The present watch is a fine example of John Ellicott's work, fitted with his cylinder movement and a regulator dial, placing the emphasis on the minute display as opposed to the traditional time display, an extremely rare feature to find in such an early watch.
The eminent watch and clock maker John Ellicott was born 1706, the son of "an ingenious watchmaker of great note", also called John.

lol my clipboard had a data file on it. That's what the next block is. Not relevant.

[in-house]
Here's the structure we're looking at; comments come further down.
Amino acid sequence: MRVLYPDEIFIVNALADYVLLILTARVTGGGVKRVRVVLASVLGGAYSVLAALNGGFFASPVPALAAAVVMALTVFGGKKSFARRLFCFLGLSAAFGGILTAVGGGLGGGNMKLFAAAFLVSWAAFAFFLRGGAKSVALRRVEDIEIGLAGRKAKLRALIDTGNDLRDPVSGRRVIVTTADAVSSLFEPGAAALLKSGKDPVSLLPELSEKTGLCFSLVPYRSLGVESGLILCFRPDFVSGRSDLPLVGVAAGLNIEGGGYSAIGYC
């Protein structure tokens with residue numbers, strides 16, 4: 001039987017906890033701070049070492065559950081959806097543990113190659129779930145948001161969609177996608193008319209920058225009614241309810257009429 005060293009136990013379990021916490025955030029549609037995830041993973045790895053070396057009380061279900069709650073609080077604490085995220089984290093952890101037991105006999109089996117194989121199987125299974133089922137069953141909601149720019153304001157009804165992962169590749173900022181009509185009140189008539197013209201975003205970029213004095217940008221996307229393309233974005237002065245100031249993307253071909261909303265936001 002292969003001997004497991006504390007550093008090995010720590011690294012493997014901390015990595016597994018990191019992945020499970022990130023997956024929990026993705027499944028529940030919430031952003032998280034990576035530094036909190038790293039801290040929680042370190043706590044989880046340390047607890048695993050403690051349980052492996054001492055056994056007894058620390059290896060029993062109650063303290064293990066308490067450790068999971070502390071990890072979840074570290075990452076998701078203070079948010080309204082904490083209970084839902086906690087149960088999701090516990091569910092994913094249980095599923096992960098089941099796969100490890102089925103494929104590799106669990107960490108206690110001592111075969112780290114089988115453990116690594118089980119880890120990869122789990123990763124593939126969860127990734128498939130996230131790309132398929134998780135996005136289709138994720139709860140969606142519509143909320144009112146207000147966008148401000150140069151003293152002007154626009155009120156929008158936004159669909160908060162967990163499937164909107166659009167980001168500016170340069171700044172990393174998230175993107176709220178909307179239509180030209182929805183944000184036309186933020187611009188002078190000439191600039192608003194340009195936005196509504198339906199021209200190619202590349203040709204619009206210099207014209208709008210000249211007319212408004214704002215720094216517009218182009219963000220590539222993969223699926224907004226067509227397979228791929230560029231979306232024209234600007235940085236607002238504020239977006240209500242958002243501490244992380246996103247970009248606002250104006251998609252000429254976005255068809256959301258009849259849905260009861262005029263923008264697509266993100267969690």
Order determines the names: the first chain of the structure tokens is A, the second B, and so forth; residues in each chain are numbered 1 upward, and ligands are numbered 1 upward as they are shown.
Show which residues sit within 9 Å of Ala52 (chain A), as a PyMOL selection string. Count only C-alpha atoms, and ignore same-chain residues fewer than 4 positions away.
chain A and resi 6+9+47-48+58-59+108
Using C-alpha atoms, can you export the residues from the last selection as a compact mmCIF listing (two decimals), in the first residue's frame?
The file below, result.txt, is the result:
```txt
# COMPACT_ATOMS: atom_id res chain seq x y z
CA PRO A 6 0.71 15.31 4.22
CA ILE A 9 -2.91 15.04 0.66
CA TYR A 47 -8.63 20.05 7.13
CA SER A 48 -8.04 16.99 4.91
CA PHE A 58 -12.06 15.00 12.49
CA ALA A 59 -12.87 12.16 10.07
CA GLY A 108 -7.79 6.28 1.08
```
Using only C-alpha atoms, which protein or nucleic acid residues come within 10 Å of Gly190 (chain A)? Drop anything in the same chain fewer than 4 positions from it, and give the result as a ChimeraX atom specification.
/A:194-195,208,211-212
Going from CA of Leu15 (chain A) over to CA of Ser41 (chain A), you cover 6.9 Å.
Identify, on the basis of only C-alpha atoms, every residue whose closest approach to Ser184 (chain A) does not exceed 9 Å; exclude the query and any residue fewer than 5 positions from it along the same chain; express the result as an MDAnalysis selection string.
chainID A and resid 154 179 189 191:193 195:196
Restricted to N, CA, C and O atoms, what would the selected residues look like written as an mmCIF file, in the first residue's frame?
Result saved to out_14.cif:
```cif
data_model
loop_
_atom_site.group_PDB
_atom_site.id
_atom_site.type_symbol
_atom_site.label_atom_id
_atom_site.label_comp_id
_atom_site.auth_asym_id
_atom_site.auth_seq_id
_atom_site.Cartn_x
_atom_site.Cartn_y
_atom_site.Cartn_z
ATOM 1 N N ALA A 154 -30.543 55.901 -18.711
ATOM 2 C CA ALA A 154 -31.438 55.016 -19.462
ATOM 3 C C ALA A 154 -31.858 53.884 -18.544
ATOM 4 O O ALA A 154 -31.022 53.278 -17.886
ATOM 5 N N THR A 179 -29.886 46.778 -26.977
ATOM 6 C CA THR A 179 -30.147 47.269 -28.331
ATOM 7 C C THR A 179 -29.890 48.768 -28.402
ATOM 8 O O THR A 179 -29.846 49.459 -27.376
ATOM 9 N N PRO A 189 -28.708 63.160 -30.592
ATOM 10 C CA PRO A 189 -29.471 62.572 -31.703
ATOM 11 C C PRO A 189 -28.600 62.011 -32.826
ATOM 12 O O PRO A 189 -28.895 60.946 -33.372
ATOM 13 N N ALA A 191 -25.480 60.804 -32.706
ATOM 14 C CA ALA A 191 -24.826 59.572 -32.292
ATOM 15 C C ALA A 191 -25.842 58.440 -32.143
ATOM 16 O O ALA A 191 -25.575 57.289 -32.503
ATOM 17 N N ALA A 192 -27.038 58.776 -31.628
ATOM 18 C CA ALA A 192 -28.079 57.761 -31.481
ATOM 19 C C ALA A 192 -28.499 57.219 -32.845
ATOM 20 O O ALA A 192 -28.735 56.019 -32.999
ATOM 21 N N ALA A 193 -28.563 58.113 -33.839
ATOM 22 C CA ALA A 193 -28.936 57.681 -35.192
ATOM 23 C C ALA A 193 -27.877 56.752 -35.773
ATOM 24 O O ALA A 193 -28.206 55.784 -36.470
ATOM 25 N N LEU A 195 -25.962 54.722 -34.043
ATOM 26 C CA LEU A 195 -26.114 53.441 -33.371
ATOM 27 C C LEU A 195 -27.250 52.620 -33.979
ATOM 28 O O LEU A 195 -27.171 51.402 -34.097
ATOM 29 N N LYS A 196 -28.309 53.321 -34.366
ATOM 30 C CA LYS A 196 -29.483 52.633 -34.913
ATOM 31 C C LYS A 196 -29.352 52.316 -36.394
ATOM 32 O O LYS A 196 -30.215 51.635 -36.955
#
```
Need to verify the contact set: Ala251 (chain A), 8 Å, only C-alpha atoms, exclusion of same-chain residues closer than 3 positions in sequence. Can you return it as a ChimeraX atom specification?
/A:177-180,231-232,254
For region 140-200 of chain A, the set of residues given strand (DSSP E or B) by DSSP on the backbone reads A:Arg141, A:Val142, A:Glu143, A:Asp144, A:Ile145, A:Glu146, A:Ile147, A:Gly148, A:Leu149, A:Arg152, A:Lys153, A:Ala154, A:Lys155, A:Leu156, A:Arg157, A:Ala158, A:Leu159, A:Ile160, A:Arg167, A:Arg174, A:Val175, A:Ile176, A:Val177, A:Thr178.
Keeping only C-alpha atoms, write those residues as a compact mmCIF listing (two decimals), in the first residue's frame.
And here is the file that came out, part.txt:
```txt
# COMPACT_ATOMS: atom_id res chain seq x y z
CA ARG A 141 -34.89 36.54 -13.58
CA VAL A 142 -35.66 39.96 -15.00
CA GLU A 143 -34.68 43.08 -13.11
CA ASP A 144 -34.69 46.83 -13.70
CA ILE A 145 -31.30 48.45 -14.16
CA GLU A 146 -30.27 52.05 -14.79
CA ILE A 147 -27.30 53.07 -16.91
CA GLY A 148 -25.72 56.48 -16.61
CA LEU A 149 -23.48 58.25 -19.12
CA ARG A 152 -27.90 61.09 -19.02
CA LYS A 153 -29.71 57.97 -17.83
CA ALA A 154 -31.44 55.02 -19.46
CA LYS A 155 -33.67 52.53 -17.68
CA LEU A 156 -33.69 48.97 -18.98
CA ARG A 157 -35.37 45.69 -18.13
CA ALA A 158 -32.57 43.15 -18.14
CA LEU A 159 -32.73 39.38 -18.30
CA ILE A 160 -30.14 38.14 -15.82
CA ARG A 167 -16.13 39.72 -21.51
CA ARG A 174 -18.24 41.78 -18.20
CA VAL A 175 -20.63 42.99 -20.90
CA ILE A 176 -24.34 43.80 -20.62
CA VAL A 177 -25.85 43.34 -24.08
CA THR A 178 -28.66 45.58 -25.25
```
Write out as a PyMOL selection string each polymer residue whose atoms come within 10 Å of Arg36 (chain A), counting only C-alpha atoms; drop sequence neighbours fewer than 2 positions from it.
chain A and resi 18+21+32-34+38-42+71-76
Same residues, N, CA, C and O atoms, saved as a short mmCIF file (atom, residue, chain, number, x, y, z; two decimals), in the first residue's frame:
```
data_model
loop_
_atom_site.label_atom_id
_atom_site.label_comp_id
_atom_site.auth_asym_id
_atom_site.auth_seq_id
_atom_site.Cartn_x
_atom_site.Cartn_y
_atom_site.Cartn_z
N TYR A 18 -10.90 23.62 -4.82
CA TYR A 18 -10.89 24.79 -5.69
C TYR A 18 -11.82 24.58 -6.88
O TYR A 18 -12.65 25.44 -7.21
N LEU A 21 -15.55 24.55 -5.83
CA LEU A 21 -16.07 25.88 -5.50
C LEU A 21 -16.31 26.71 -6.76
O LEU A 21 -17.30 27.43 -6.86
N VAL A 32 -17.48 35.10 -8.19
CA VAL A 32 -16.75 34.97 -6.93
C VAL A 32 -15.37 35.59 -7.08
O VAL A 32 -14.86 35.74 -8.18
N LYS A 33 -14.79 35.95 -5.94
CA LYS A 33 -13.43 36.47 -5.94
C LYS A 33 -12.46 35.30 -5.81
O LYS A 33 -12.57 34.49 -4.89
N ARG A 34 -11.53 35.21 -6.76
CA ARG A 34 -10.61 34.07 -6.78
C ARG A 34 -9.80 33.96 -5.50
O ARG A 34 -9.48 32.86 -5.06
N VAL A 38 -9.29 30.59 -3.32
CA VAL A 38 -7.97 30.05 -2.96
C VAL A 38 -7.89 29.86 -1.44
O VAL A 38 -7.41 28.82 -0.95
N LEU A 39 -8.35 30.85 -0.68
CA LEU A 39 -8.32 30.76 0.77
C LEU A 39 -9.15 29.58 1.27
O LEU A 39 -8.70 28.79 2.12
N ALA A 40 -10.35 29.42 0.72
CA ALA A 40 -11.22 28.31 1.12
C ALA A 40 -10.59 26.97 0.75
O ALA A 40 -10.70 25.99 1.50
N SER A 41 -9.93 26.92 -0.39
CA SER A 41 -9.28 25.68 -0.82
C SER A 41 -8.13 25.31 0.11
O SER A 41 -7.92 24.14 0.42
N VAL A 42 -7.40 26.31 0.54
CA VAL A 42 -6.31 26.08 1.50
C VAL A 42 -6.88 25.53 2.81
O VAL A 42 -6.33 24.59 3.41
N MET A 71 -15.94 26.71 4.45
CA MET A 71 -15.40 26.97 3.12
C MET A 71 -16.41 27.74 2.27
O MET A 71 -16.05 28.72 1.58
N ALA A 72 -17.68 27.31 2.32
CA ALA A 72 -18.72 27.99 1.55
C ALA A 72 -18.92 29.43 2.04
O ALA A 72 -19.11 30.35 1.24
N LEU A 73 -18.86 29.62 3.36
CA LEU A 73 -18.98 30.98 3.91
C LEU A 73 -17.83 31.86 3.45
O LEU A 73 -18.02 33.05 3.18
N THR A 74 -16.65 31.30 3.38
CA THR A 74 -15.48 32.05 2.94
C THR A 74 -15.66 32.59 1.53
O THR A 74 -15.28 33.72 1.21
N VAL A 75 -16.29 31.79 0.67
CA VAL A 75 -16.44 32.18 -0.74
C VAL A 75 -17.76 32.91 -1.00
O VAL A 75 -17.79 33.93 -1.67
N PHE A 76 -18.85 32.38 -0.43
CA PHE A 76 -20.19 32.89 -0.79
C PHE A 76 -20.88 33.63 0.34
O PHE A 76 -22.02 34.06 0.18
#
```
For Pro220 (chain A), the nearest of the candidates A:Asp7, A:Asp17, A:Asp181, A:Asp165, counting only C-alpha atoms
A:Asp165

He established his business in Swithin's Alley, Royal Exchange in 1728. He was the inventor of a compensation pendulum and developed the use of the cylinder escapement, invented by George Graham in 1726. Like his peer George Graham he became a member of the Royal Society for which he wrote several papers. Ellicott's work is distinguished by the excellent workmanship and can be found in museums and Royal collections throughout the world. He was appointed clockmaker to the King and designed the London Hospital clock. He died suddenly in 1772 and was succeeded by his son Edward.
For a biographical note on John Ellicott and his numbering system see Watches by Cecil Clutton & George Daniels, pp. 132 & 133.